It is said that When Shahaji died, Jijabai tried to commit sati - committing suicide by burning oneself in the husband's pyre, but Shivaji stopped her from doing so by his request. Why did he not ban the Sati custom altogether in his kingdom?

  • Looks more like history related question. Moreover this is opinion based question and will trigger speculations. – Vishal prabhu lawande May 30 at 16:30
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    @Vishalprabhulawande, it is regarding SATI -a hindu custom. – carpe diem May 31 at 0:11
  • Yes! But questions which call for opinions and any sort of speculations are not allowed on this forum. This question can't be answered from available hindu texts. Please read help section. See here hinduism.stackexchange.com/help/on-topic – Vishal prabhu lawande May 31 at 4:19
  • This is rather suited for HistorySE – Mr. Sigma. Jun 3 at 5:07

Shivaji appears to have followed orthodox Hinduism so banning satī outright would go against the kṣatriya code.

For the lives of the Bhagwat saints were full of gentleness and love. Theirs was a catholic generosity and toleration. In their hearts was no room for pride or hatred. A religion that consistently identified Ram with Rahim could admit of no parochial or even national patriotism in religion. Nor is there any evidence to show that Shivaji himself was an active propagator of this Vaishnav cult. His faith was deeply rooted in the Sanatan Dharma, with the result that, to the moment of his death, his simple piety and faith in the goddess Bhavani never faltered or forsook him. If he did instill in his followers and supporters a passionate love of religion along with the worship of liberty, it was not by any means with any material aid of the Vaishnav or Bhagwat Dharma. The religious love and pride he inculcated in them was the love of the orthodox or Sanatan Dharma, with its belief in the sanctity of kine and Brahmans, its injunctions for the observance of caste distinctions, its recognition and encouragement of idol worship, and its exhortation urging the value and necessity of all ceremonial usages. And it cannot be disputed that the conduct of Shivaji himself personally and that of most of his followers was in full accord with the precepts of the orthodox religion, inasmuch as in none of the extant bakhars is there the least evidence to the contrary.

(The Life of Shivaji Maharaj: Founder of the Maratha Empire by N. S. Takakhav)

Also, if Shivaji was against the idea of satī he would have at least made sure none of his wives committed satī after his death but then one of his childless wives, Putlabai, did commit satī:

The death of the great leader was a grievous blow to the ministers and nobles of the state and the relations of the royal family. All classes of society mourned the loss. The ministers took the precaution to close the castle gate and prevent the publication of the tragic news. The funeral of the great king was celebrated with royal pomp and honours. The third wife of Shivaji, Putlabai, performed the sati rite upon the funeral pyre of her husband. The obsequies were performed by a member of the Bhonsle House, Sabaji Bhonsle of Shingnapur, assisted by Prince Kajaram, the latter being too young to perform all the rites himself. Religious charities in honour of the event were dispensed on a liberal scale.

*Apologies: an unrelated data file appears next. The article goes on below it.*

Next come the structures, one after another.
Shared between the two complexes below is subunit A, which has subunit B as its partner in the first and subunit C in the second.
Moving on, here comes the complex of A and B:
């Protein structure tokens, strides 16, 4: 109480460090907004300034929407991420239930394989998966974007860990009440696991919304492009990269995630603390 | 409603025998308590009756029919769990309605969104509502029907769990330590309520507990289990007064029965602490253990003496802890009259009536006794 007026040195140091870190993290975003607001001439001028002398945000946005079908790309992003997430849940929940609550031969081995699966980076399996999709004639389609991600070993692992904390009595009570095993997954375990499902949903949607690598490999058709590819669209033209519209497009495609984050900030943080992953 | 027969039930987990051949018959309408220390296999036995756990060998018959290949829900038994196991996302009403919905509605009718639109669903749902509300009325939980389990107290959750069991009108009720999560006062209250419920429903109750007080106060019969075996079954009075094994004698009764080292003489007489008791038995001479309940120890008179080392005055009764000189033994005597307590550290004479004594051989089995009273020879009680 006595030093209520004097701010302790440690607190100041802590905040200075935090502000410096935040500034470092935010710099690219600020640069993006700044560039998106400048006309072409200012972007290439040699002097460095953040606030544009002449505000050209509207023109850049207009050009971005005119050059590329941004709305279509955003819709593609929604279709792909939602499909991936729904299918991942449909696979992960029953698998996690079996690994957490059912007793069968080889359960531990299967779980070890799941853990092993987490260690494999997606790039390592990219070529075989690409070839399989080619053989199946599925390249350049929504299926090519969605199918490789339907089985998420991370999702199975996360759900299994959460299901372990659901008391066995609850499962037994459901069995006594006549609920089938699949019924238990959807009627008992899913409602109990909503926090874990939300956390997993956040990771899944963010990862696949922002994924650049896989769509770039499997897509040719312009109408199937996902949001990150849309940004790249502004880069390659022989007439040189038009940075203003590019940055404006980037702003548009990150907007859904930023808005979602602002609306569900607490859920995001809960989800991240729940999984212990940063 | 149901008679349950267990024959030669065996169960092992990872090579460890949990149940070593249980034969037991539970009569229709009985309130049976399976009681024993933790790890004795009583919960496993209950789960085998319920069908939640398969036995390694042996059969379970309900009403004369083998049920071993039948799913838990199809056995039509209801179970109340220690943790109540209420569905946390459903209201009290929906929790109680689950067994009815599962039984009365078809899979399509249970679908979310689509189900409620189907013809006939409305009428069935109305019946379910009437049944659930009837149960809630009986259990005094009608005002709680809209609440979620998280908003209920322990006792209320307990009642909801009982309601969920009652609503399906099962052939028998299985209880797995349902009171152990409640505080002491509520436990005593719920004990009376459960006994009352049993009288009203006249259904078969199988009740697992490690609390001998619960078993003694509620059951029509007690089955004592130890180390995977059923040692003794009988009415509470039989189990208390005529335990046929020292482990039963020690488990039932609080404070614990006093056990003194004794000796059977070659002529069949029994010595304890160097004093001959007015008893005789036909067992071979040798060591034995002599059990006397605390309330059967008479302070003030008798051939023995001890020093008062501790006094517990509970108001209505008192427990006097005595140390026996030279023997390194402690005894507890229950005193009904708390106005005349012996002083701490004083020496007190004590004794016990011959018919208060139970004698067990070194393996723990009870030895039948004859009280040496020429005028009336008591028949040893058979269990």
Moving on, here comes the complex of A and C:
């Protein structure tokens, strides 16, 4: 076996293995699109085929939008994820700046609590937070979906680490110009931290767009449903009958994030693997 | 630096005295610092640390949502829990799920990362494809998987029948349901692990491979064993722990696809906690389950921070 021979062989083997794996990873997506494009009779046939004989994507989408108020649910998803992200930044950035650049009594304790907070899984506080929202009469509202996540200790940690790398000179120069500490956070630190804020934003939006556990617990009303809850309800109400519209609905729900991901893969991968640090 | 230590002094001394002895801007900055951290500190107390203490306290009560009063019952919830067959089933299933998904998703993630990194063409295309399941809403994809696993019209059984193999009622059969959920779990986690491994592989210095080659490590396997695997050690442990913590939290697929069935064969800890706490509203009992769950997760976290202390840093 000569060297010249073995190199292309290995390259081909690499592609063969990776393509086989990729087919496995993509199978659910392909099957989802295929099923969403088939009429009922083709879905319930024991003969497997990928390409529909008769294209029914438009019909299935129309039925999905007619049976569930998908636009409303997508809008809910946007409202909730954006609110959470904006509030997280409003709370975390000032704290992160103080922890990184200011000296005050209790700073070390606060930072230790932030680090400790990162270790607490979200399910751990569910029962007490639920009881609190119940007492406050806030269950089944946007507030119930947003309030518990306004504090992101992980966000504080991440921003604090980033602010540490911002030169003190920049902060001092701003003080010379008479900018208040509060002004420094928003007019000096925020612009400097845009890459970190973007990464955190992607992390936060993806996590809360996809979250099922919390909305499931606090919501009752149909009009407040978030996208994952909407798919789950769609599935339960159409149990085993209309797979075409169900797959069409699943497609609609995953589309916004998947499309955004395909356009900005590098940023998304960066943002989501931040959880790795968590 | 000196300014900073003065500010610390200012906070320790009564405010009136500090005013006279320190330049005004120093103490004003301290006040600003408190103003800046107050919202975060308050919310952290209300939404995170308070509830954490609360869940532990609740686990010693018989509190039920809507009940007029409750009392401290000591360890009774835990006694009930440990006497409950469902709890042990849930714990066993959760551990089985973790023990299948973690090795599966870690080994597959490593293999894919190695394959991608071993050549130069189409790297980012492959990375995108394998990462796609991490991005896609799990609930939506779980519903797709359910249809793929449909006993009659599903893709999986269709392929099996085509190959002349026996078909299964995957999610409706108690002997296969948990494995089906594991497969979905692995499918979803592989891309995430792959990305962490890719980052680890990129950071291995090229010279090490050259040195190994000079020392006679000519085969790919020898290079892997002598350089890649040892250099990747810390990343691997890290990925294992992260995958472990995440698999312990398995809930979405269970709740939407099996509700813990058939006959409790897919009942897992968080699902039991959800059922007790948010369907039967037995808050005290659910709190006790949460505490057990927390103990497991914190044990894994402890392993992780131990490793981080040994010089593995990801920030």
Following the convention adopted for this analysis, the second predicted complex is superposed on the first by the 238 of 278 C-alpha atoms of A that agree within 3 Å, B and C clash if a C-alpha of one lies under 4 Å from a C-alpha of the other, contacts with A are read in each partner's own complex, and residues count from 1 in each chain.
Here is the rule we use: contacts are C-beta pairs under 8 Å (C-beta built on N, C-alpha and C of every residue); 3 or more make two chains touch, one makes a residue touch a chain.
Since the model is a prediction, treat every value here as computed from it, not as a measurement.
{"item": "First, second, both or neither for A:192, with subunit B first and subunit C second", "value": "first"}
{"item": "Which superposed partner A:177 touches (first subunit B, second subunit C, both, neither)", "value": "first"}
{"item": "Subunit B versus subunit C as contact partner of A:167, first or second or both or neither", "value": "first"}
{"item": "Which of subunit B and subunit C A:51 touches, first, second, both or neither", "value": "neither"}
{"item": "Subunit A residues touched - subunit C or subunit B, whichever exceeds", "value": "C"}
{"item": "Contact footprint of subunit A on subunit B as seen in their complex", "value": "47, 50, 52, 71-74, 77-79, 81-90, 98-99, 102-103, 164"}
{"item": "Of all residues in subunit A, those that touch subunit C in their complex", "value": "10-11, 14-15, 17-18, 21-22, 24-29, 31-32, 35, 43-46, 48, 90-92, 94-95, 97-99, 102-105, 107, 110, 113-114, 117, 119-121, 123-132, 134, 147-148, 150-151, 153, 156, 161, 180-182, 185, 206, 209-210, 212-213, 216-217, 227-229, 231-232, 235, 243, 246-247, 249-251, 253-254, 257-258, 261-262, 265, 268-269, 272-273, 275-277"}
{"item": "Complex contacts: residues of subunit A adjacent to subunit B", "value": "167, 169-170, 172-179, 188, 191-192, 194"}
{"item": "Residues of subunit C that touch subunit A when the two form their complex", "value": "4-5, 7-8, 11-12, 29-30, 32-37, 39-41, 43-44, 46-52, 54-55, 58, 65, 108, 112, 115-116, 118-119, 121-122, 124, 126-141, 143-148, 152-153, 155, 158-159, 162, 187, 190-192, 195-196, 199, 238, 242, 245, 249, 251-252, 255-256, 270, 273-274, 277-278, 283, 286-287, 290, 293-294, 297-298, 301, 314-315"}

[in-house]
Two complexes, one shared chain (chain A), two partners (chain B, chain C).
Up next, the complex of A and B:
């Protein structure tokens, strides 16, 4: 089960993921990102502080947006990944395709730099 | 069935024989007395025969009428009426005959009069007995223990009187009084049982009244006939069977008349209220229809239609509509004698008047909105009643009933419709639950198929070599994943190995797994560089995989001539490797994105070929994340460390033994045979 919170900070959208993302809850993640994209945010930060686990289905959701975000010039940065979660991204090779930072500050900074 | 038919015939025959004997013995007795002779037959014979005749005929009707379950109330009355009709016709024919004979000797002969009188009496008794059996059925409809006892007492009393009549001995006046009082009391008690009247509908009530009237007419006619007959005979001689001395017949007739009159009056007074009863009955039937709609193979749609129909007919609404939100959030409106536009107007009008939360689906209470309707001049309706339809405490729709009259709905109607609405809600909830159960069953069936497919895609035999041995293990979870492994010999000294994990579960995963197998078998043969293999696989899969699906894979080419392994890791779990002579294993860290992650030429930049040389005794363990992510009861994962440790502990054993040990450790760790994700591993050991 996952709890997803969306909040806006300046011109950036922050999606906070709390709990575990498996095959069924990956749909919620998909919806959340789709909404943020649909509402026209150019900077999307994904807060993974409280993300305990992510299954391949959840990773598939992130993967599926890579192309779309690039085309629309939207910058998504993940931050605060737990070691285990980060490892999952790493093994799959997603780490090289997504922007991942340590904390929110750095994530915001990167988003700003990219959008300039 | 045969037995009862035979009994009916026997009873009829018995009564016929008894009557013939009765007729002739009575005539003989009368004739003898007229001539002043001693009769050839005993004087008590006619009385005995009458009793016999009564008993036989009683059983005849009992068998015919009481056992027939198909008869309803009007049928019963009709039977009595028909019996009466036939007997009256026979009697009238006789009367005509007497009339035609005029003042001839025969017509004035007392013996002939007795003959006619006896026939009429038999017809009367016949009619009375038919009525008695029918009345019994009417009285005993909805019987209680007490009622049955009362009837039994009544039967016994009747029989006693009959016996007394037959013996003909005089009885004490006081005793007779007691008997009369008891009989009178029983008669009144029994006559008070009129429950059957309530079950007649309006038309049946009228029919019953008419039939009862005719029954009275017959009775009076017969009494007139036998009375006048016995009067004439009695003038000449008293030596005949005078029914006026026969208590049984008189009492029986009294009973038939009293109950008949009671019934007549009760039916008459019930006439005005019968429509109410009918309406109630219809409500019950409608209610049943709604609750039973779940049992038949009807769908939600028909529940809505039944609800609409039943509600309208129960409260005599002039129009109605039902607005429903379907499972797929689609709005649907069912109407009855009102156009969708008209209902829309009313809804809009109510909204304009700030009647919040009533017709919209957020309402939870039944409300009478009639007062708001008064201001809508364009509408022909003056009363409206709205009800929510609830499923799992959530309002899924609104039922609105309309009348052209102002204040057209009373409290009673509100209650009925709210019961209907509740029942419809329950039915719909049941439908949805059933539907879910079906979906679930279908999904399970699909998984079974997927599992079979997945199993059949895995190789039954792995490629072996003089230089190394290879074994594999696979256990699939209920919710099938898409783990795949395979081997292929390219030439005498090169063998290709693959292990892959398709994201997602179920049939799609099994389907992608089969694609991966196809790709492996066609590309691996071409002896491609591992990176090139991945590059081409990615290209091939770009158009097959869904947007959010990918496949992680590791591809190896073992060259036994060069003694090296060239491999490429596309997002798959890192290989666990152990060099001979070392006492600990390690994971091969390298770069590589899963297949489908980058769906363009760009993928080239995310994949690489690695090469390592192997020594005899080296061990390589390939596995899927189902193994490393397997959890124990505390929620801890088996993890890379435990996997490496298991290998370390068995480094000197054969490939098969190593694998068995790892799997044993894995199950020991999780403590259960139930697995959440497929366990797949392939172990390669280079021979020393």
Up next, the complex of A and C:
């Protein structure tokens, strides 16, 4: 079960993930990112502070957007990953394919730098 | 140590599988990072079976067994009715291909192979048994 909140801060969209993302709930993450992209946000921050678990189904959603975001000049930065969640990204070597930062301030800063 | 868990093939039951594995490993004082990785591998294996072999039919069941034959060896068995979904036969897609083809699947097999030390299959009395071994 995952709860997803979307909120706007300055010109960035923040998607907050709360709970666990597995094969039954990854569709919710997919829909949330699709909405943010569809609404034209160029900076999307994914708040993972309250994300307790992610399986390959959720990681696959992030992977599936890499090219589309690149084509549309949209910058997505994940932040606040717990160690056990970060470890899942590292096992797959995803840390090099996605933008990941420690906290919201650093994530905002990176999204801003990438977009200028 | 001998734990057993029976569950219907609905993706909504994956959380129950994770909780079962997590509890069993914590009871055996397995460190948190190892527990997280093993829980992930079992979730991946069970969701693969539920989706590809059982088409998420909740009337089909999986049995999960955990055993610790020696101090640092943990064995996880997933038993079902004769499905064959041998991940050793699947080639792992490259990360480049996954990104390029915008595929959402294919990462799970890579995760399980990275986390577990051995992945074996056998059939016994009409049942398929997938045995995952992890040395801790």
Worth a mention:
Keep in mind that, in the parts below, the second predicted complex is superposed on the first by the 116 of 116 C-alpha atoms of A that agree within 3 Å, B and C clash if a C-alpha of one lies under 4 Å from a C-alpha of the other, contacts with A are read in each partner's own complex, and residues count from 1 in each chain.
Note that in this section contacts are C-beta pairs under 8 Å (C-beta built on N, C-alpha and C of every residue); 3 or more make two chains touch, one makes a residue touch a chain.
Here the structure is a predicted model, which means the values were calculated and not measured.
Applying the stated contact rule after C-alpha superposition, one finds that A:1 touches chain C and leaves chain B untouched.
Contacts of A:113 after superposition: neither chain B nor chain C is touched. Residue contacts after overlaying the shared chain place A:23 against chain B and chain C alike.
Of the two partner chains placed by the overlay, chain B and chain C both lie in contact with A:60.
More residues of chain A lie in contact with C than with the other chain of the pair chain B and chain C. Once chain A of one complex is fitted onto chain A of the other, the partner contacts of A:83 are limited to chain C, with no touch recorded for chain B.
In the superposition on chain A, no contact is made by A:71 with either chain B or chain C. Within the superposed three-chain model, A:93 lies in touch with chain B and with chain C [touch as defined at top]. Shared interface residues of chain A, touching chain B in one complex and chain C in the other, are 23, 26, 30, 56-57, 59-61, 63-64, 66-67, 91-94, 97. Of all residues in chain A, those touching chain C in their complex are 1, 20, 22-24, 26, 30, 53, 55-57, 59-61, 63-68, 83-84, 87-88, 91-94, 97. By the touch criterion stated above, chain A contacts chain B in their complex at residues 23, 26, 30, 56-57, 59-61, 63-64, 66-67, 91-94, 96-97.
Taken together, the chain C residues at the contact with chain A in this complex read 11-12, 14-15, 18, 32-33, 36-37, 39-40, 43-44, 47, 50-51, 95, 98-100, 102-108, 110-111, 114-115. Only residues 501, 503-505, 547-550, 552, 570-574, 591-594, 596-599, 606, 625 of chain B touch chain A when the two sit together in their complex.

Shivaji married seven wives. Sayibai, the mother of Sambhaji came of the Nimbalkar family; Soyerabai the mother of Rajaram was a daughter of the Shirke family. Putlabai, the third wife, who performed the sati rite on the death of Shivaji, had no issue. The fourth wife Sakwarbai came of the Gaikwar family. She gave birth to Kamaljabai, who was married to Janoji Palkar...

And the main reason why Shivaji's mother Jijabai stopped short of committing satī was that Shivaji was deeply attached to her and Shivaji's ministers thought her demise would indirectly contribute to the downfall of the empire.

Jijabai was more disconsolate still her grief it was impossible to calm or restrain. She prepared to perform the rite of sati, with the devotion of a faithful Kshatriya wife. This resolution of his mother aggravated Shivaji's sorrow. He begged her, besought her, held fast to her feet, but she would not yield. The ministers of state, Moropant, Niraji, Dattaji and others at length intervened representing to Jijabai that Shivaji would so much take to heart her self-immolation by the act of sati as scarcely to outlive her death and the empire he had built up by long years of labour was sure to collapse with his death. The name of Shivaji and together with it that of Shahaji would both alike be extinguished with her death. It was, therefore, imperative in the interests of the state that she should bear her grief in silence and patience instead of yielding to the impulsive thought of sacrificing herself on her husband's funeral pyre. This weighty argument shook her resolution. In order that she might witness the glory of her son she consented to live a widowed life.

Shivaji performed his father's funeral rites in the orthodox Hindu fashion, spending lakhs of rupees that the hero's shade might rest in peace...

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  • Both questions and answers are better suited for HistorySE. – Mr. Sigma. Jun 3 at 5:03

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